Forgive me, but YAWN.
“But wait!” I hear you cry, “I’ve been sending out press releases for years and I’ve got some great media coverage from them!” And while this may well be true, let me offer you another idea, one I guarantee will get you even more coverage in the long run and carry a lot more favour with the journalists you’re trying to impress.
Photography: Ellie Gillard Photography
I’m hungry. I’ve been doing the Clean Program Refresh all week (more on this soon!) and whilst I initially moaned about being a little hungrier than usual, as I came to the end of the seven day programme I had a moment of clarity. In a metaphorical way, being hungry is undoubtedly a good thing. Hunger is what forces us to go out and make changes. Hunger is what encourages us to re-evaluate what we’re doing and if we’re on the right path. Hunger makes us long for something better and pushes us to achieve it.
I am hungry for change. To change how I do certain things and act in certain situations. I’m not perfect at this business stuff, but I’m doing my best. Muddling through in the best way I know how… Now please excuse me while I crack open this packet of biscuits to celebrate my amazing moment of clarity.
♥ Why I don’t care about SEO
♥ The joy of accounting (boooo!)
♥ Why being ‘all booked up’ is ruining your business
♥ Did we exist before social media?
“A friend once told me that social media was like being at a party where everyone’s high on cocaine—they’re all talking at the same time and no one’s listening, all while trying to look good and sound smart.” Paul Jarvis
Why is it that one bad review can negate all the great things people say about you? One mean comment, one snarky tweet, one dissatisfied customer? You know this already, but just in case you’ve forgotten it I’m going to remind you again: you can’t please everyone so don’t waste your time trying.
Of course we don’t want to give ourselves permission to ever do a bad job, if you do get a bad review it’s really important to analyse whether the comment is worthwhile paying attention to at all. It is from someone who paid you for a service or someone who’s opinion you value? If so you might want to listen to it, learn from it and make amends if you need to. However if it’s coming from someone who’s just having a big old moan (online most likely!) then I’m sorry but who gives a stuff what they think? You don’t owe these people a response or any justification at all in fact.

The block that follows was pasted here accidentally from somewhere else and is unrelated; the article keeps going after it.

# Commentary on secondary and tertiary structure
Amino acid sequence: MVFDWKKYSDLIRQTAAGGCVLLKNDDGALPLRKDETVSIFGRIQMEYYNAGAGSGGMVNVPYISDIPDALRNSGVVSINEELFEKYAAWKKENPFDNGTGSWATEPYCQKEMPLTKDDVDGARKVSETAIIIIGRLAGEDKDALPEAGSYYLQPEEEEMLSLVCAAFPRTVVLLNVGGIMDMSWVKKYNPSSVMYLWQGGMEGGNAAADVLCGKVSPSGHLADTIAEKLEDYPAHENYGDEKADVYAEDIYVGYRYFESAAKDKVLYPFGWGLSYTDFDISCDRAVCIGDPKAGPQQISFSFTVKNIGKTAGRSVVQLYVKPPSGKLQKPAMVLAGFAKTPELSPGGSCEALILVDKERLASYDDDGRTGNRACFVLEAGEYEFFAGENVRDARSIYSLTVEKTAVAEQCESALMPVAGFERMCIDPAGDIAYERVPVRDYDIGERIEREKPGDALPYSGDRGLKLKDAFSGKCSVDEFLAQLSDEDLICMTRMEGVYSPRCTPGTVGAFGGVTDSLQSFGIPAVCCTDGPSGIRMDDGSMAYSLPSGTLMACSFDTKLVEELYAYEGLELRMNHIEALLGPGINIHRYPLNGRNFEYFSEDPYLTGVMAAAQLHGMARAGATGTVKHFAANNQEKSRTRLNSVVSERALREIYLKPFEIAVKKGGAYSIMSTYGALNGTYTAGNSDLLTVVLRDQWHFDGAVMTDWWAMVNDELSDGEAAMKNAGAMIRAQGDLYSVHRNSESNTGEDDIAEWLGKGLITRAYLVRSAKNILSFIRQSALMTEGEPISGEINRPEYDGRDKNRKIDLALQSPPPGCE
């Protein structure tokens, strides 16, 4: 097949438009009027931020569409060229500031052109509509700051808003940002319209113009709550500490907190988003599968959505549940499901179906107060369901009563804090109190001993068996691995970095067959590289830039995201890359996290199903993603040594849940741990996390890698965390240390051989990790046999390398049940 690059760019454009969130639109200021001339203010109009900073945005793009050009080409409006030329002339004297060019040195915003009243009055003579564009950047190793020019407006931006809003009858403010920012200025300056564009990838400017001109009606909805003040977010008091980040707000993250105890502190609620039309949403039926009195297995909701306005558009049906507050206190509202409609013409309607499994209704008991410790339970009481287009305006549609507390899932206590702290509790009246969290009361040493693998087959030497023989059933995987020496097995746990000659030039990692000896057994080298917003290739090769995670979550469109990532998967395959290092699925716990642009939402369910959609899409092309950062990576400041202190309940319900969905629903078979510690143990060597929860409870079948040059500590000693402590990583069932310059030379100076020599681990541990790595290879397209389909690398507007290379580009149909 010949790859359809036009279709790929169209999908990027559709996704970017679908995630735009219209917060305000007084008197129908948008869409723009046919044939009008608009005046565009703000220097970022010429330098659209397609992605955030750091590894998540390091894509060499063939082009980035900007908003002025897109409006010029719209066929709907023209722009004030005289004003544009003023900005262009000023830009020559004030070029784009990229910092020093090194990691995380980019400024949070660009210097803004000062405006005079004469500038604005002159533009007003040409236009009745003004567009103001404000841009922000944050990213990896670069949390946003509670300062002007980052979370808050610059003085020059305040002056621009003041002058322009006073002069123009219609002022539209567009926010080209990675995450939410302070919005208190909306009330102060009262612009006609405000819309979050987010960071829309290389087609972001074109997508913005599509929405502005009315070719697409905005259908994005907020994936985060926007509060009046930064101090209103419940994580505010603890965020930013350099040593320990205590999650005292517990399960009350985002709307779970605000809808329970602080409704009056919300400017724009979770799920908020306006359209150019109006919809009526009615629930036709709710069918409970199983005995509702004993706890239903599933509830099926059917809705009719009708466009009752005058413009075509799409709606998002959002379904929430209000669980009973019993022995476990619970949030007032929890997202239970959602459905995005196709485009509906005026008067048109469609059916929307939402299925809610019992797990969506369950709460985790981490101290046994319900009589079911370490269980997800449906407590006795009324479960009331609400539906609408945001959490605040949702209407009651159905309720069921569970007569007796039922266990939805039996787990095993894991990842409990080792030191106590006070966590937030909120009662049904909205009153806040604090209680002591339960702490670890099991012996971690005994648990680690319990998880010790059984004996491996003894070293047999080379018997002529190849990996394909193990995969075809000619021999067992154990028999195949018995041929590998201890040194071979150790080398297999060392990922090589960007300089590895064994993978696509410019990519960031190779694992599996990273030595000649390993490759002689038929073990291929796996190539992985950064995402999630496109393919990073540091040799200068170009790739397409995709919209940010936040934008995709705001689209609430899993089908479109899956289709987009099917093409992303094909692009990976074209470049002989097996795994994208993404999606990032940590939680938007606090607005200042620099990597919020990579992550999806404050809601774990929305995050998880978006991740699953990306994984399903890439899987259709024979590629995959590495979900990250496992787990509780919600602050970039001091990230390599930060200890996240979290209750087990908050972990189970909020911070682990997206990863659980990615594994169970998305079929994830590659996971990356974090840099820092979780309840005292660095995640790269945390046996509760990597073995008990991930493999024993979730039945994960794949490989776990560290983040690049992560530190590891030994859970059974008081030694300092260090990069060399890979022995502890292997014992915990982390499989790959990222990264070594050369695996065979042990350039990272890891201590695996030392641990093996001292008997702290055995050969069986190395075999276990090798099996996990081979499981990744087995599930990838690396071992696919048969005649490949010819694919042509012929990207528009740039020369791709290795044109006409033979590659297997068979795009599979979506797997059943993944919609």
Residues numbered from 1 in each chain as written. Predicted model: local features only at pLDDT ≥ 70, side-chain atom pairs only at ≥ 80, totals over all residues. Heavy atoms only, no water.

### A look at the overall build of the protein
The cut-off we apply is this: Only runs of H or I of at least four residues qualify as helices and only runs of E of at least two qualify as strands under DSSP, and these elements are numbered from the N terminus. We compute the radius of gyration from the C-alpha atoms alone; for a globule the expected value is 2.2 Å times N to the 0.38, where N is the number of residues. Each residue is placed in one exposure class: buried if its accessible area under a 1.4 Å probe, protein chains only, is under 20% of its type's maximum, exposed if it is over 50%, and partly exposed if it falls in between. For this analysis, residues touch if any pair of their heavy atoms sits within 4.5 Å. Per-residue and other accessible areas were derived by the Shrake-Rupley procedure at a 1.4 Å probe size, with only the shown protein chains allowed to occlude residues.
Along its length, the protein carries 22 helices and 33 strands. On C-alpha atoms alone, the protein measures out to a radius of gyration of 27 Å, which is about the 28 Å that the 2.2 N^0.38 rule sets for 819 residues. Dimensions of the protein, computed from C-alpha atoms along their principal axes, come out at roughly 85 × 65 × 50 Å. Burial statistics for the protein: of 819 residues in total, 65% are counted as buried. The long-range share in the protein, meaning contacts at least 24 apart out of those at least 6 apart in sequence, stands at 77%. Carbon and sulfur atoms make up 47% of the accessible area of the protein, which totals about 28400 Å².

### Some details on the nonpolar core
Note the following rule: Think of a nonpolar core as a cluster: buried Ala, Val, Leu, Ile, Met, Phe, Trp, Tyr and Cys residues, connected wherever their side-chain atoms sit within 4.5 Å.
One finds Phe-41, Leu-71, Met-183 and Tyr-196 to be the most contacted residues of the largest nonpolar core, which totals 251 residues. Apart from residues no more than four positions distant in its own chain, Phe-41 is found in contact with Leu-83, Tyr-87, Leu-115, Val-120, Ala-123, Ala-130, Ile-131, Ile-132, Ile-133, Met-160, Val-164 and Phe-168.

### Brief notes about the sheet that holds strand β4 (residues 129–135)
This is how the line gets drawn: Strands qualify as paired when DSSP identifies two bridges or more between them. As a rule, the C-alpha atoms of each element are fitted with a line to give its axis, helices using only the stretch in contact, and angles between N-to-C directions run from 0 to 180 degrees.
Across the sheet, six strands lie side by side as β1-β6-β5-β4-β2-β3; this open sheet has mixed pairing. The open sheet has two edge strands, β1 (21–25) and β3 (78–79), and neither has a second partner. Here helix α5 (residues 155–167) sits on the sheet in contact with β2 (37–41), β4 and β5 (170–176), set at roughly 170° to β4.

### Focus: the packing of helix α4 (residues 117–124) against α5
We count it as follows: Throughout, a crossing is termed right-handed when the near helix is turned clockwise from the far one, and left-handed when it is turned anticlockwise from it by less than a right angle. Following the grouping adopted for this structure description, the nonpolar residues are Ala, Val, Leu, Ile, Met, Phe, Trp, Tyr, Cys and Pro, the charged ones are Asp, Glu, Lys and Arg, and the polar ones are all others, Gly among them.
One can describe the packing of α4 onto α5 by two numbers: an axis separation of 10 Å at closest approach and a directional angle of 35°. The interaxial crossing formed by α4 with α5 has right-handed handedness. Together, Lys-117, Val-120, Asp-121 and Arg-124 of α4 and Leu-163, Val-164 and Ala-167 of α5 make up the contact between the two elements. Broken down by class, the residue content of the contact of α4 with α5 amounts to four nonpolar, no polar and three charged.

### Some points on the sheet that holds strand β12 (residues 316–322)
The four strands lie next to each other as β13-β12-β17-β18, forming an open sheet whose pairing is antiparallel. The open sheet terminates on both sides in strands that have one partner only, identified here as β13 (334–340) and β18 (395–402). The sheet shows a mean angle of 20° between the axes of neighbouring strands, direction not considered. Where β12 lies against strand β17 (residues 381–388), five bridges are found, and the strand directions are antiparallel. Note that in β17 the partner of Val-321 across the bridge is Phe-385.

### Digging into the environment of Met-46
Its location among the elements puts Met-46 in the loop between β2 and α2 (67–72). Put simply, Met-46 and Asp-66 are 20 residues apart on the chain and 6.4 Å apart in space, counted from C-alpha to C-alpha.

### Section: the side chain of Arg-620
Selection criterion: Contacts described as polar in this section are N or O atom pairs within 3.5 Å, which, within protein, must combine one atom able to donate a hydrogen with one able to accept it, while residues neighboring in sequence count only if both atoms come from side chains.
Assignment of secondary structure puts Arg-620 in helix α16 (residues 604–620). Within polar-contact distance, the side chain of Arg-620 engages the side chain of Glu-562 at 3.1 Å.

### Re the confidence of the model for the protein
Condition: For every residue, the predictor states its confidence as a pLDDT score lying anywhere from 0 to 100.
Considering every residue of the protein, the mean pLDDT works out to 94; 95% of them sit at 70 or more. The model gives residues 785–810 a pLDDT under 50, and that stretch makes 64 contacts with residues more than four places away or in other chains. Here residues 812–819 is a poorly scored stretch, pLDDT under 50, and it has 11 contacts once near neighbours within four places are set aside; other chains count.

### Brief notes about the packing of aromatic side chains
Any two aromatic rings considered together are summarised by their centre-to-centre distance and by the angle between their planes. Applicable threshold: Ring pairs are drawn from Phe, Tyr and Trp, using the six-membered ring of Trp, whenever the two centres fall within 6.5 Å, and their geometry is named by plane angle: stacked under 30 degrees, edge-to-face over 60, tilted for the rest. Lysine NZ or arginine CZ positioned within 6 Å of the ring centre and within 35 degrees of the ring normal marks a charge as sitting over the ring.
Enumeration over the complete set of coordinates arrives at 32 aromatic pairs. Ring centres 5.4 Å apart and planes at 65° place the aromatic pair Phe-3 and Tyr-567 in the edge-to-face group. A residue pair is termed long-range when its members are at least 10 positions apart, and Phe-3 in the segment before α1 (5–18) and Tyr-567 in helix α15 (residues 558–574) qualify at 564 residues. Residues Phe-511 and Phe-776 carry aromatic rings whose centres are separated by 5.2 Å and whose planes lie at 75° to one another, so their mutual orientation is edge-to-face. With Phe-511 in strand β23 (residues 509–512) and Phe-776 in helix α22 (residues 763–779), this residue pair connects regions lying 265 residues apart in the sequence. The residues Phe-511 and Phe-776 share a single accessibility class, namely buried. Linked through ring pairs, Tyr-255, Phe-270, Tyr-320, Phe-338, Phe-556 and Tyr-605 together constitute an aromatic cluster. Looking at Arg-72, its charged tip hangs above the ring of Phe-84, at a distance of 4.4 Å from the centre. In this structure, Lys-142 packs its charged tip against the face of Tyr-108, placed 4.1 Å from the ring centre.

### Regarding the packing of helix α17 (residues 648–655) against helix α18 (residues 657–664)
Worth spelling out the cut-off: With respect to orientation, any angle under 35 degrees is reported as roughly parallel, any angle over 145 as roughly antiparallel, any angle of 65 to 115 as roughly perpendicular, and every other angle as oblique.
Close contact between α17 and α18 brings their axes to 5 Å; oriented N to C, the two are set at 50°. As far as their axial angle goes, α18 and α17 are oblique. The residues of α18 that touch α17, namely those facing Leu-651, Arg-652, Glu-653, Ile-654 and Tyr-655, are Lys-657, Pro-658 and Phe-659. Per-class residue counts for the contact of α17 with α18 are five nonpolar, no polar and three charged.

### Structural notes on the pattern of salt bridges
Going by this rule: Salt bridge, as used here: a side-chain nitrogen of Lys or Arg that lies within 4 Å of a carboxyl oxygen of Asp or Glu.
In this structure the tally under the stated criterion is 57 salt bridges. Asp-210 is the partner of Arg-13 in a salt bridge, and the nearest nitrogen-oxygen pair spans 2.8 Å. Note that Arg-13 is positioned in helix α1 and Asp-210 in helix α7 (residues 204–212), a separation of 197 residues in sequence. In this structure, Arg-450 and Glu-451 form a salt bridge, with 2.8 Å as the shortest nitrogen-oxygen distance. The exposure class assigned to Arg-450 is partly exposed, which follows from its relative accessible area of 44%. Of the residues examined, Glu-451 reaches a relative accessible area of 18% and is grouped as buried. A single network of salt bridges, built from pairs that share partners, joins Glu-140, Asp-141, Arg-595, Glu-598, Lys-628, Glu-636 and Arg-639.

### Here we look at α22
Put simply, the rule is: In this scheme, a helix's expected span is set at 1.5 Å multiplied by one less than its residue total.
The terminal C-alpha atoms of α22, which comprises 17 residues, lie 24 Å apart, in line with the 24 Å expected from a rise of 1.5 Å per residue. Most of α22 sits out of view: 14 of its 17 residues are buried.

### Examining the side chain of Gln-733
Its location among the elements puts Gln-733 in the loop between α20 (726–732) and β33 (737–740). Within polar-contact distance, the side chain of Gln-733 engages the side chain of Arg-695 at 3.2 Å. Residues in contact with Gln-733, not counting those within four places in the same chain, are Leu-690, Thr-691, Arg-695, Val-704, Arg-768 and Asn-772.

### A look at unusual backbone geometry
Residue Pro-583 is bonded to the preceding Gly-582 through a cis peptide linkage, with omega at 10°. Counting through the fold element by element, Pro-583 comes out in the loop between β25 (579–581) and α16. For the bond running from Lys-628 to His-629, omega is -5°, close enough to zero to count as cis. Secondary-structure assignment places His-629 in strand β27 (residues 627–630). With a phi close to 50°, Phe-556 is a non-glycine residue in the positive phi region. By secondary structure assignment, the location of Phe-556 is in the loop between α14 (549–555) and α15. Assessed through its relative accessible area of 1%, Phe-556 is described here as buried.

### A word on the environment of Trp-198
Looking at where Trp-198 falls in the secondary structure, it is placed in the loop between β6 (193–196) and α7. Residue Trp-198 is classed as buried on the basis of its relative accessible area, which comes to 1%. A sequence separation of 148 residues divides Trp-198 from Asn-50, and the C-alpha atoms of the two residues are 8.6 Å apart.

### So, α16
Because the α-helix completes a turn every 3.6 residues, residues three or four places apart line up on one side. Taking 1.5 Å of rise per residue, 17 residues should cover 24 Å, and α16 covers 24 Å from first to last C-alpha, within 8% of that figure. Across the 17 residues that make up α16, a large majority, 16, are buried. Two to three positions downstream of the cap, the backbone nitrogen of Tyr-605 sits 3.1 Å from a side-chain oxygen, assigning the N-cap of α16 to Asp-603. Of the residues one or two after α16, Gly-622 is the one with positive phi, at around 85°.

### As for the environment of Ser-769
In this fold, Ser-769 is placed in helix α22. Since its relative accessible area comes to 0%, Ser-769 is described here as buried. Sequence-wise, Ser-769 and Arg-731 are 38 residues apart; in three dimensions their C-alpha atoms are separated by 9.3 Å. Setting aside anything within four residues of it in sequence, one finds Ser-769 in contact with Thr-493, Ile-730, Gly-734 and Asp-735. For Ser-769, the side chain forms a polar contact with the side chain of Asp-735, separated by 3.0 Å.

Does anybody watch Nashville (shameful admission alert, but I’m totally obsessed)? In a recent episode one of the main characters, singer Juliette Barnes, tried a new ‘sound’ at a concert. The first review she read of her performance was from a music critic in the audience who said awful things about it and her on twitter. Obviously it crushed her and her confidence and she spent hours, days even, reading and re-reading his comments and doubting her new direction completely. However, by spending her time worrying about what this one critic has said, she’d failed to notice the thousands of positive comments on the YouTube upload of the performance – comments from fans who actually part with their hard earned cash to buy her records. At the end of the day it is their opinions that really matter anyway.
I don’t know about you, but I always do my best thinking in the bath. I’m sure it’s something to do with switching off, being away from technology and allowing my mind to wonder. Regardless, as I soaked in the tub one day last week I started to think about business plateaus, or more specifically, what to do about them.
The first few years of running a business are a super exciting. You’re pushing yourself, growing and learning, all while (hopefully!) having a lot of fun as you go. Yes, it’s a scary time but it’s also a super satisfying one. If you’re doing all the right things, you’ll be into a steady flow of getting enquiries, booking clients, then getting too many bookings so putting your prices up a little bit, getting back to a steady flow… and so on and so forth.
But then, and likely around the two or three year mark, something different starts to happen. You, as usual, put your prices up a little bit more to stem the flow (you can only take on so many clients after all and no one wants to work on loads of weddings getting paid a pittance for each one) but the result is different… zilch… nadda… nothing. Suddenly it’s not so easy to get bookings. You ramp up your marketing and you’re still getting enquiries, but after sending out your price list people aren’t immediately coming back to you with the same joyful exuberance about confirming you for their wedding. They’re either trying to haggle or you simply never hear from them again.